Example 3: Feeling anxious about work
This is an example where you might feel anxious about one thing in particular, you might feel anxious about a ton of different things, or the stress might just be causing anxiety in general.
All of these examples can lead to anxious thoughts (stage 2) or emotional reactions (stage 3).
Anxiety Cycle Stage 2 – Anxious Thought about Situation
Now it’s time for your thoughts to kick in and make matters even worse!
If you remember back to a previous article in the series, you’ll probably be familiar with negative thought patterns. Well, it’s in this stage of the cycle that they get their time in the spotlight.
Here’s how it works:
After the initial situation takes place and your fear turns the situation into a threat, you’ll then have a negative thought about the situation. But your negative thought isn’t a reaction to the actual situation. Instead, it’s a reaction to the negative thought pattern you have surrounding that situation.
This is a bit confusing, but let me try to simplify:
Your brain reacts to situations in the present based on experiences (or traumas) you’ve had in the past.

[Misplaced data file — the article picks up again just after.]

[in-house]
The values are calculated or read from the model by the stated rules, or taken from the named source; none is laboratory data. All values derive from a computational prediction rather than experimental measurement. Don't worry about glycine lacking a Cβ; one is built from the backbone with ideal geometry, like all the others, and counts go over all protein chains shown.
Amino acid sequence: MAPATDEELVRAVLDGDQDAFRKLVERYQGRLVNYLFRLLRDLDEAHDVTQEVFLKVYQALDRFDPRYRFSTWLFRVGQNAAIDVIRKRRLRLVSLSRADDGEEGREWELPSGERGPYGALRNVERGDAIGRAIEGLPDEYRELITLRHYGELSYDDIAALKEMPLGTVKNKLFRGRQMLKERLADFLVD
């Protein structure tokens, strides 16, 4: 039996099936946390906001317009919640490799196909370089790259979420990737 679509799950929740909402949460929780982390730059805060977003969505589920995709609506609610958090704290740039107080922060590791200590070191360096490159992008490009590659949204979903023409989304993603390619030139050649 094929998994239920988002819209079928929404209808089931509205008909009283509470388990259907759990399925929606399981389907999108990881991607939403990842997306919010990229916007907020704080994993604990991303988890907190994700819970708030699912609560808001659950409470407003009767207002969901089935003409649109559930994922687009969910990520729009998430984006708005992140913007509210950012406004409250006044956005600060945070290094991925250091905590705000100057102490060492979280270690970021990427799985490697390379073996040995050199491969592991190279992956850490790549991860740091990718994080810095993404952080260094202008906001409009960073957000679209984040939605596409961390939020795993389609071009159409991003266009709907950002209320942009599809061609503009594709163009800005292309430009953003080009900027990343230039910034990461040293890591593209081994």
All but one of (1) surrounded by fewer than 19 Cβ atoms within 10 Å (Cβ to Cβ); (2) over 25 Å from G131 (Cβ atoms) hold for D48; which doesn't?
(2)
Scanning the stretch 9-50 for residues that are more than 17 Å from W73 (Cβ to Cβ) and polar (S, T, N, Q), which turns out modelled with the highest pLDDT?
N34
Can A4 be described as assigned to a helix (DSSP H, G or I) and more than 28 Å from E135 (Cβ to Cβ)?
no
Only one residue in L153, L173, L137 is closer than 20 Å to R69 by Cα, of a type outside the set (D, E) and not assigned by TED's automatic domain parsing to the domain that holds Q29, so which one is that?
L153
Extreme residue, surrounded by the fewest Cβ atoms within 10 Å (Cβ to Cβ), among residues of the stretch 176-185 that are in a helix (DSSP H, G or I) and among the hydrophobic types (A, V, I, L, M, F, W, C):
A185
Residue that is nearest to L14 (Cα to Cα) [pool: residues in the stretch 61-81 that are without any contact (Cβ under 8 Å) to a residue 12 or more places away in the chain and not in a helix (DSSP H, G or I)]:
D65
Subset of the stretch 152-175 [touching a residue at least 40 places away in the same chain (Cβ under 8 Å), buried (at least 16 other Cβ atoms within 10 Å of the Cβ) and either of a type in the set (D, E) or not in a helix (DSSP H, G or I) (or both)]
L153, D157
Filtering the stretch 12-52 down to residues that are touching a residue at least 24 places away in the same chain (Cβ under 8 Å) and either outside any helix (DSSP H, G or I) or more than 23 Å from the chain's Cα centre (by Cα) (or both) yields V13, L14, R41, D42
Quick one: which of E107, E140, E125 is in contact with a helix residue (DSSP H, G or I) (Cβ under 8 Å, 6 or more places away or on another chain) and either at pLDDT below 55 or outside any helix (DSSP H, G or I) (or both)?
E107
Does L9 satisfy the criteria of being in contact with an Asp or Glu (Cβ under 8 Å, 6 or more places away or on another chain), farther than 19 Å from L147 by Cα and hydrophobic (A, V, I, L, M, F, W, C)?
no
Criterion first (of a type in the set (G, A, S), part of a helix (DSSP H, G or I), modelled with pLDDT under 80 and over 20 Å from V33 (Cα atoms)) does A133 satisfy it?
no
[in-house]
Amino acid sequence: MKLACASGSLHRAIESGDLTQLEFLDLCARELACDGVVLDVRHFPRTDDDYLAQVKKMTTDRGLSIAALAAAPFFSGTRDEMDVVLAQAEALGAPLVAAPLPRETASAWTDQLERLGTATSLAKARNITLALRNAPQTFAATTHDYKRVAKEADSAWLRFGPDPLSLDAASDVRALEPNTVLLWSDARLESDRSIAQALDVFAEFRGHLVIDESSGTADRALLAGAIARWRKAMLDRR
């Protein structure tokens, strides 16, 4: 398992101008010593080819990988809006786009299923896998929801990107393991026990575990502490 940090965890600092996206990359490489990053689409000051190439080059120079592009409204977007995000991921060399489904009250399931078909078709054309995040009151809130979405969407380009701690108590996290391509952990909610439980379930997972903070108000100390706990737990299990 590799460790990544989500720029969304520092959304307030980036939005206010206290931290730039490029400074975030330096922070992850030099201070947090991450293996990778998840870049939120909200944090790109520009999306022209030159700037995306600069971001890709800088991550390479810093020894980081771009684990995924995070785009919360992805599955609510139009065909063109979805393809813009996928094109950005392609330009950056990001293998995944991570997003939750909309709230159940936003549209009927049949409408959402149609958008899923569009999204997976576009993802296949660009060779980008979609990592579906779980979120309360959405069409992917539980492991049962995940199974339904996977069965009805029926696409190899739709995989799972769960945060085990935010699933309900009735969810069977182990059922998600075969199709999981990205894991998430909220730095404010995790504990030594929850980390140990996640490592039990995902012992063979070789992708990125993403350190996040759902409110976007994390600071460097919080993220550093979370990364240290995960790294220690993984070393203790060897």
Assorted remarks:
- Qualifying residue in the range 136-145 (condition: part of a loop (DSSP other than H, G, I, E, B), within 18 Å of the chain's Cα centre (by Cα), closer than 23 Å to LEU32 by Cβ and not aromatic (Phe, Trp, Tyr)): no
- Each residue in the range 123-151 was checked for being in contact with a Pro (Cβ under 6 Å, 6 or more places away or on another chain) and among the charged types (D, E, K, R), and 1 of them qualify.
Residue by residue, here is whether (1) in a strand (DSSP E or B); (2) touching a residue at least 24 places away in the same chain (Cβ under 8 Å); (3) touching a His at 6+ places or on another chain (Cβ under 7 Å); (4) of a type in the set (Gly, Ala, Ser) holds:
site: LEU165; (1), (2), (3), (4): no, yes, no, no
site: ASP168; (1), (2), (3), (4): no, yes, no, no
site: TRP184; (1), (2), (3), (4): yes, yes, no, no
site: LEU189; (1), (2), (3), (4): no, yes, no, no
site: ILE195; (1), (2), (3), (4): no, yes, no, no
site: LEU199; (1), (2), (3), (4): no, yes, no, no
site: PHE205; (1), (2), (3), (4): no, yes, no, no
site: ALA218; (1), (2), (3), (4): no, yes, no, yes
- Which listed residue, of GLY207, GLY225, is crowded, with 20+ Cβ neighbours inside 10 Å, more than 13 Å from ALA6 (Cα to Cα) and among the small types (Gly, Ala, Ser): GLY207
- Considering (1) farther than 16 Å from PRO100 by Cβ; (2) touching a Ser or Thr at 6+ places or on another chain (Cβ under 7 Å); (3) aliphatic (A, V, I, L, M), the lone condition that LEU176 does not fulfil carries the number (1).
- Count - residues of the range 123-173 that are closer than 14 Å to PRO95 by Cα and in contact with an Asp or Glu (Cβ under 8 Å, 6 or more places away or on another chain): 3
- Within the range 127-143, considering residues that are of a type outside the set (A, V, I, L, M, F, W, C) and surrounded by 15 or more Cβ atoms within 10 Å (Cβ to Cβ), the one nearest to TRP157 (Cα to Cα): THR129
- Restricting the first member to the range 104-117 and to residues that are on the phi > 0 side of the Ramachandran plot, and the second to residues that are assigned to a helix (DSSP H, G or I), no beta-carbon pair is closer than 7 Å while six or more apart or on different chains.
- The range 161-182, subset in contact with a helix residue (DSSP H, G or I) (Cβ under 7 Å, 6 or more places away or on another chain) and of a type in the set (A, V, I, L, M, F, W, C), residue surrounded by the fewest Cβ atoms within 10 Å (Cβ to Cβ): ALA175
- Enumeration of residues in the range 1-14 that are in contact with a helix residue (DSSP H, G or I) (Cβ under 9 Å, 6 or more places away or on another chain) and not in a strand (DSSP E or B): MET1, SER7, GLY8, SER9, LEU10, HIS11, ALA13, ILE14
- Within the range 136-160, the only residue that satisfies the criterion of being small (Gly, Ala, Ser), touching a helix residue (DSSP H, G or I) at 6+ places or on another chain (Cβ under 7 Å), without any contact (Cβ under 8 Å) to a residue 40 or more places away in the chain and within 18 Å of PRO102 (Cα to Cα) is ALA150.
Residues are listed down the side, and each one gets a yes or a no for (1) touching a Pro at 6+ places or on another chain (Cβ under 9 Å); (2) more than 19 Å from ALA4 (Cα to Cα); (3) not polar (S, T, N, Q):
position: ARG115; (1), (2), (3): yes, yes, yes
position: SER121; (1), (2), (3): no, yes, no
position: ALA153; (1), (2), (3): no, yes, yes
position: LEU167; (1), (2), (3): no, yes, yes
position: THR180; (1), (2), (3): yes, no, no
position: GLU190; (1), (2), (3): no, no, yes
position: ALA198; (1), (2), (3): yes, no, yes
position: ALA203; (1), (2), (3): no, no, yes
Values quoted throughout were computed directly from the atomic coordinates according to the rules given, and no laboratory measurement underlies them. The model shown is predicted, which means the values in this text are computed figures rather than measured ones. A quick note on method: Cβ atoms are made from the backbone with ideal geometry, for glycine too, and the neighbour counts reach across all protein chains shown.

A lot of the time, we aren’t actually reacting to real situations, we’re just reacting to how our brain is conditioned to think about these situations.
Essentially, your brain is used to reacting this way. It’s going to have go-to thoughts about this situation, like “I’m going to embarrass myself” or “oh no, *insert fear* is going to happen!” or “Here comes the anxiety again” or “I hope I don’t get fired”.
These thoughts are then usually accompanied by an emotional reaction (stage 3), which is the stage where we can start to make some change to our anxiety cycle.
Related Article: How Negative Thinking Gets Wired into Your Brain
Anxiety Cycle Stage 3 – Emotional Reaction
After you have an anxious thought about the situation, you have two options. You can either:
(1) accept the anxious thought as a true, genuine reflection of the situation
(2) realize that your anxious thought is NOT a reflection of the actual situation
If you go down path (1), then you’ve just bought yourself a one-way ticket to ride the anxiety cycle train over and over and over. Because once you accept the thought as true, you’ll affirm to yourself that what you perceived as a threat is indeed a threat, and then you will continue to feel anxious anytime you encounter that initial situation/trigger.
HOWEVER, If you choose path 2, you can start training yourself to NOT listen to these anxious thoughts. This might take time, but this is where you can practice not responding to these thoughts (and effectively STOP giving them power).